In this case the owners claimed they were led to believe, that they were the owners of the policy. To them that meant the beneficiary could not be changed without their approval. After all most people won't pay the life insurance premium if they can't control the named beneficiary.
So what the heck happened with this $1.5 million life insurance policy?
In this negligence action against the insurance agent they alleged he negligently failed to list the plaintiffs as co-owners of the life insurance policy. Just prior to his death the one business partner changed the beneficiary to someone other than his business partners. He could do that because the agent did not name the business partners as co-owners of the life insurance policy.
When the insurance application was filled out the box for naming [the name of the applicant (the owner)] the owner was left blank. This gave the person whose life was being insured the right to re-designate the beneficiary. This should make every spouse in a rocky marriage a little nervous. And it should send every business owner with life insurance premiums calling their agents.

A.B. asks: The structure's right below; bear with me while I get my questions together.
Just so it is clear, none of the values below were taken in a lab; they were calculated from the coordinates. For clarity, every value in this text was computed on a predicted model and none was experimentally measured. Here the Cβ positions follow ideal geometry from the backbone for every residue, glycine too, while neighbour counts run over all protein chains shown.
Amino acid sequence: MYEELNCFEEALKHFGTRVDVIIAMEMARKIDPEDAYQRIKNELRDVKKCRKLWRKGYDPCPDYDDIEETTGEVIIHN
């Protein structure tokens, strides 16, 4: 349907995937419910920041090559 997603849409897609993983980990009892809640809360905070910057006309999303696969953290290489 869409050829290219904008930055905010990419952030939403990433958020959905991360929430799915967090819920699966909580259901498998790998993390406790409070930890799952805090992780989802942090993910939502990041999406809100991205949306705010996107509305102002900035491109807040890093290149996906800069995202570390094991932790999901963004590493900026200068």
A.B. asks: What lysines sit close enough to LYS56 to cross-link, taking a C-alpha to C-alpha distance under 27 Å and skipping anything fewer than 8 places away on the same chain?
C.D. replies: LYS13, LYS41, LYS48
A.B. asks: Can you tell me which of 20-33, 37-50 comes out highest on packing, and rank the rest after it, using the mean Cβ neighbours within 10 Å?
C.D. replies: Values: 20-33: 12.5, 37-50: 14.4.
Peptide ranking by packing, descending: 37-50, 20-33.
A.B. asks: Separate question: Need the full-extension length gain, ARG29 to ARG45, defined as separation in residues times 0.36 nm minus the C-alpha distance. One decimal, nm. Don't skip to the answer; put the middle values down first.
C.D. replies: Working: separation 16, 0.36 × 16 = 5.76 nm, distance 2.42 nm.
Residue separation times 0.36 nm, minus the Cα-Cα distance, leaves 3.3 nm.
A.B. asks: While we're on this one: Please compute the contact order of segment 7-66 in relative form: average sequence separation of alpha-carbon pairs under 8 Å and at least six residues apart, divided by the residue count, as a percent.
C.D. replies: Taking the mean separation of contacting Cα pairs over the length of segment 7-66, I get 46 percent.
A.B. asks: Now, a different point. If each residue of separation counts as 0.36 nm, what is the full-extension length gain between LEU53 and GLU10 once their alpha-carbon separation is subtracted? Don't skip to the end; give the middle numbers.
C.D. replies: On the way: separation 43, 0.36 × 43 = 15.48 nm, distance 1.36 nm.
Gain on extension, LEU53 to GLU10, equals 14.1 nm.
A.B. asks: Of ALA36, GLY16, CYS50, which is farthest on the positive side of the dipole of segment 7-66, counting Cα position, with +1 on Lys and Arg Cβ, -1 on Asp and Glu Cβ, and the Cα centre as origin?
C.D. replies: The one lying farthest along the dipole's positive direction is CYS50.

The owner of a policy has the right to change the beneficiary, no matter what was intended. And even if the agent is told otherwise the courts won’t rewrite the policy to effect what was then intended. [After all this isn’t a justice system, it’s a legal system. Right Ed?]
And so you are likely left wondering, why can’t we sue the agent for malpractice?
Because the law doesn’t consider what the agent is doing as something you can sue them over. Unless you are paying the agent more than just a premium they are pretty much bullet proof from malpractice. This has never made sense to me; and it is why disruptice technology is already affecting the insurance business. [Progressive Insurance]
Here is why.
If as a lawyer I give you advice but you can’t ever sue me for giving the wrong advice, would the advice I give be worth paying for? Probably not. And if you could never sue me over bad advice then why would I care about the accuracy of my advice? I wouldn’t and neither would you. And if as a personal injury lawyer I was receiving payment from the insurance industry, who would I likely be loyal to? Not the injured person, that’s for sure. I’d be sort of like the company doctor in a workers’ compensation case. I’d be beholden to State Farm or Nationwide or Farm Bureau or Liberty Mutual, but not to the injured person, because they would only be my customer.